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What is a bronchoscopy?

What is a Bronchoscopy?

So your doctor has scheduled you for a bronchoscopy and you’re thinking, “… A what now?” While the procedure’s name may sound intimidating, fear not: a bronchoscopy is a painless procedure that helps get to the bottom of problems you might be having with your airways. Let’s take a look at just what a bronchoscopy entails, shall we?

What is a Bronchoscopy?

A bronchoscopy is a procedure where your doctor examines your airways using a device called a bronchoscope. A bronchoscope is a thin tube made of a flexible fiber-optic material with a light and a camera on the end that is threaded through your nose/mouth. It lets physicians view all the structures of your respiratory system and will include a clear, precise picture of your lungs.

Does a Bronchoscopy Hurt?

We know, we know… it sounds unpleasant, right? Who wants a tube camera stuffed up their nose? While a bronchoscopy might sound dreadfully painful, the procedure is actually painless and relatively quick. You may experience some discomfort during your bronchoscopy, but your doctor will help talk you through it to make the experience as easy as possible.

Why is a Bronchoscopy Necessary?

Your physician may order a bronchoscopy if you’ve had abnormal chest CT scans or x-rays on which he or she suspects a collapsed lung, infection, potential tumor, or other airway abnormality that needs clearing up. Bronchoscopies are commonly used to diagnose tumors, chronic coughs, infections, and lung disease.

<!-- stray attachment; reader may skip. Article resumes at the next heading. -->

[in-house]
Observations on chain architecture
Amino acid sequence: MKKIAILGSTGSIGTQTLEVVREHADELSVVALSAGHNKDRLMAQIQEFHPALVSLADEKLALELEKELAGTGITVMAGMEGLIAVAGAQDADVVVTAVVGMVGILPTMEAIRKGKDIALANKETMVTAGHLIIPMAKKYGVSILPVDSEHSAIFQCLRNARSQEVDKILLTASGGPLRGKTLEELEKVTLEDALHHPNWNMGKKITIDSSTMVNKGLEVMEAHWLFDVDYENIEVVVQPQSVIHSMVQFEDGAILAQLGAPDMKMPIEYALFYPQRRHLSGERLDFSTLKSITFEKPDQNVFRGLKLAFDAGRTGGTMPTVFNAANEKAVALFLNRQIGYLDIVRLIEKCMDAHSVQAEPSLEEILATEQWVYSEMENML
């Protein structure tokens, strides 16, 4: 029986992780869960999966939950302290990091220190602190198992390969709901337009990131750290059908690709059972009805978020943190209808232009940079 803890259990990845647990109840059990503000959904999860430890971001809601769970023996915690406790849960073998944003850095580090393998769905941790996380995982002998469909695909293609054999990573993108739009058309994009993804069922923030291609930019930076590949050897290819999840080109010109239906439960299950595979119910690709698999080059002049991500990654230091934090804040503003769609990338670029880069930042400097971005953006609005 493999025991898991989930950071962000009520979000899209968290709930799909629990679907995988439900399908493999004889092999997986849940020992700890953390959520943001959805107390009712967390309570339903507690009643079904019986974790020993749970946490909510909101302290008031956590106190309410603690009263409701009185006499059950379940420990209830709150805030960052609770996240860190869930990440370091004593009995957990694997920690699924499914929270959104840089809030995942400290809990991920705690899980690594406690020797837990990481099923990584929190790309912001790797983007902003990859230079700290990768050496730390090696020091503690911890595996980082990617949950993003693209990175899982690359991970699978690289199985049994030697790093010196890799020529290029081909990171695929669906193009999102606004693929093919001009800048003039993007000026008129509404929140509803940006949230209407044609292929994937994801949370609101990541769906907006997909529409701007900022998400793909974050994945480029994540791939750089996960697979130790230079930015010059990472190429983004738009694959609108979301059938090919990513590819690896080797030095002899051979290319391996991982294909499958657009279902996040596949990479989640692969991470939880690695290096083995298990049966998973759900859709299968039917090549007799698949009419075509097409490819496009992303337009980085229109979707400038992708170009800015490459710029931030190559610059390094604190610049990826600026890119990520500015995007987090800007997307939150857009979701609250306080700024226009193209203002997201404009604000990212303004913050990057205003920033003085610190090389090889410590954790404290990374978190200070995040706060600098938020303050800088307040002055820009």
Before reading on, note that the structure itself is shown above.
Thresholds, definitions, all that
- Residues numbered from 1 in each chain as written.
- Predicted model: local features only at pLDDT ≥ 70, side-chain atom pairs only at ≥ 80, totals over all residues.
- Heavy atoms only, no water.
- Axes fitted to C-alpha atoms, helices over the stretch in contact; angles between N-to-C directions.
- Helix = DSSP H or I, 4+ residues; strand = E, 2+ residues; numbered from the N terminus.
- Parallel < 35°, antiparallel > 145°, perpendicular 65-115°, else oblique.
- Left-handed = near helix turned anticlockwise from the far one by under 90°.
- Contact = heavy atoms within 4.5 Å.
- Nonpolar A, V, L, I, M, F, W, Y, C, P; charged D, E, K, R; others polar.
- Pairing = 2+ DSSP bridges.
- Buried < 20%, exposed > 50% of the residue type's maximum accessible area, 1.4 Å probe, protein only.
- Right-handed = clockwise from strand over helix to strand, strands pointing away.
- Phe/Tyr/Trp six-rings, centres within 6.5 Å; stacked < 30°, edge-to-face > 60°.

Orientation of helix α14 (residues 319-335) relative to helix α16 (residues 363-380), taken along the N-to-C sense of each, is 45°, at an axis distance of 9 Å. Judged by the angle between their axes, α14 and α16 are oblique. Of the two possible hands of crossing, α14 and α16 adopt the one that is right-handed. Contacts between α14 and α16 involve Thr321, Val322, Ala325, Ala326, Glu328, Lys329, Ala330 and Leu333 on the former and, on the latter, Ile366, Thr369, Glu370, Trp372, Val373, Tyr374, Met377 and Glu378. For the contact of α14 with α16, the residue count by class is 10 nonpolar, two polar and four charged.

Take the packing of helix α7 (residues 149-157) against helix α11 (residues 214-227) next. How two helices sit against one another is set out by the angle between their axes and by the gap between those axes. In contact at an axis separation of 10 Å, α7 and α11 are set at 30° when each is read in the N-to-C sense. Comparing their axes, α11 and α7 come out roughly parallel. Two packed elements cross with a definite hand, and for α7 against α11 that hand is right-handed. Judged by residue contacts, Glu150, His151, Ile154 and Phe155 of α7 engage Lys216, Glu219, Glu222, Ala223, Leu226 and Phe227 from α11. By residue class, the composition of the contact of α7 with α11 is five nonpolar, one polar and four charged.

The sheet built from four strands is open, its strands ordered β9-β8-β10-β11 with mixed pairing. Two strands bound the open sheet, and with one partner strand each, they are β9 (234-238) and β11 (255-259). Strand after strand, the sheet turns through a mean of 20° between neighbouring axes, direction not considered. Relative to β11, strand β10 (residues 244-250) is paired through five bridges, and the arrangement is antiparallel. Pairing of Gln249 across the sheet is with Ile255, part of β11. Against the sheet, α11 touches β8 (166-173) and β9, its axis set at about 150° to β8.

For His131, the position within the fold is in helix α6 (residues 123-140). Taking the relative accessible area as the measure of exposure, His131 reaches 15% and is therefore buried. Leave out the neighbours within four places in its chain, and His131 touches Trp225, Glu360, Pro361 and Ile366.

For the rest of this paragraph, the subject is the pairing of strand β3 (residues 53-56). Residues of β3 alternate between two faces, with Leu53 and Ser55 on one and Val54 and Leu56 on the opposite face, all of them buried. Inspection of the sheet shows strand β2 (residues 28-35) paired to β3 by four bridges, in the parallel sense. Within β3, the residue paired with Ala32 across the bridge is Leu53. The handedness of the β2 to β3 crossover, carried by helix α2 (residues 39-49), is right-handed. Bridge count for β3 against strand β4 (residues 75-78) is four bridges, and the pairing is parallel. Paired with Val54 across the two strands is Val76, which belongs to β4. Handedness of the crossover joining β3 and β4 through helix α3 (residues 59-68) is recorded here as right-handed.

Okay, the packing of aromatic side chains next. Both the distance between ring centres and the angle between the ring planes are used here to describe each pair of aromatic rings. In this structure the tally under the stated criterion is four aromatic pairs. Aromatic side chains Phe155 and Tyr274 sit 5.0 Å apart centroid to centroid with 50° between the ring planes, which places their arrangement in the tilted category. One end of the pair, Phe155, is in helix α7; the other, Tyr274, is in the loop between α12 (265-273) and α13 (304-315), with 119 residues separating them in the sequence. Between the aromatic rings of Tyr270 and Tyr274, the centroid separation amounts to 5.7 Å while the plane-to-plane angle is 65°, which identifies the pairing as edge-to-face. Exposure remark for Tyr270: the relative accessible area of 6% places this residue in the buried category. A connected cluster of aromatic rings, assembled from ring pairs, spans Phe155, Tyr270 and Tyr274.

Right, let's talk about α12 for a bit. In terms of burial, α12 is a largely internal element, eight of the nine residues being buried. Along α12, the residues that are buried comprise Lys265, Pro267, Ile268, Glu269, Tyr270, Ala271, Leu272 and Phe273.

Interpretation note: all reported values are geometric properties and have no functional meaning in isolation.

The Different Types of Bronchoscopies

Years ago, there was only one type of bronchoscopy: the routine video bronchoscopy. But just like the tech world, medical advances have come a long way, and now there are a few different types of bronchoscopy procedures. Let’s take a look at each of them, and how they differ from one another.

Routine Video Bronchoscopy

This is the O.G. of the bronchoscopy world and the most standard type of the procedure performed to this day. A routine bronchoscopy is performed using the device we talked about earlier—the bronchoscope. During this test, a specialist (typically a pulmonologist) will insert the bronchoscope through your nose or mouth, down your throat, and into your lungs.

The bronchoscope is very thin and flexible to minimize discomfort. This procedure is typically performed in a hospital or clinic procedure room, and typically lasts 30 to 60 minutes. If you factor in prep and recovery time, you can expect to be at the facility for up to four hours.

Before your bronchoscopy, you may be given medication through an IV to help you relax. Your throat and nose will be sprayed with an anesthetic medicine that helps numb the area to minimize gagging and and unpleasant sensations.

During your procedure, the bronchoscope will travel down your throat and into your lungs to take pictures. Samples of fluid and tissue may be collected by means of devices passed through the bronchoscope—none of this should be painful. After your bronchoscopy, you’ll be monitored for a few hours. Your throat might be numb for a while after the procedure is complete, and until the numbness wears off, you won’t be allowed to eat or drink anything.

You might notice some lingering symptoms of sore throat, cough, muscle aches, or hoarseness in your voice following your bronchoscopy—this is all normal. Call your physician if you experience any of the following symptoms:

 

  • Coughing up more than a tablespoon of blood
  • Increase of chest pain
  • Trouble breathing
  • A fever that lasts more than a day or two

Endobronchial Ultrasound Bronchoscopy (EBUS)

An endobronchial ultrasound bronchoscopy (EBUS, for short) is a procedure used in the diagnosis of infections, lung cancer, and other diseases that cause chest lymph nodes to be enlarged.The EBUS procedure lets your doctor obtain tissue or fluid samples from the lungs and the lymph nodes surrounding them using a technique known as transbronchial needle aspiration (TBNA).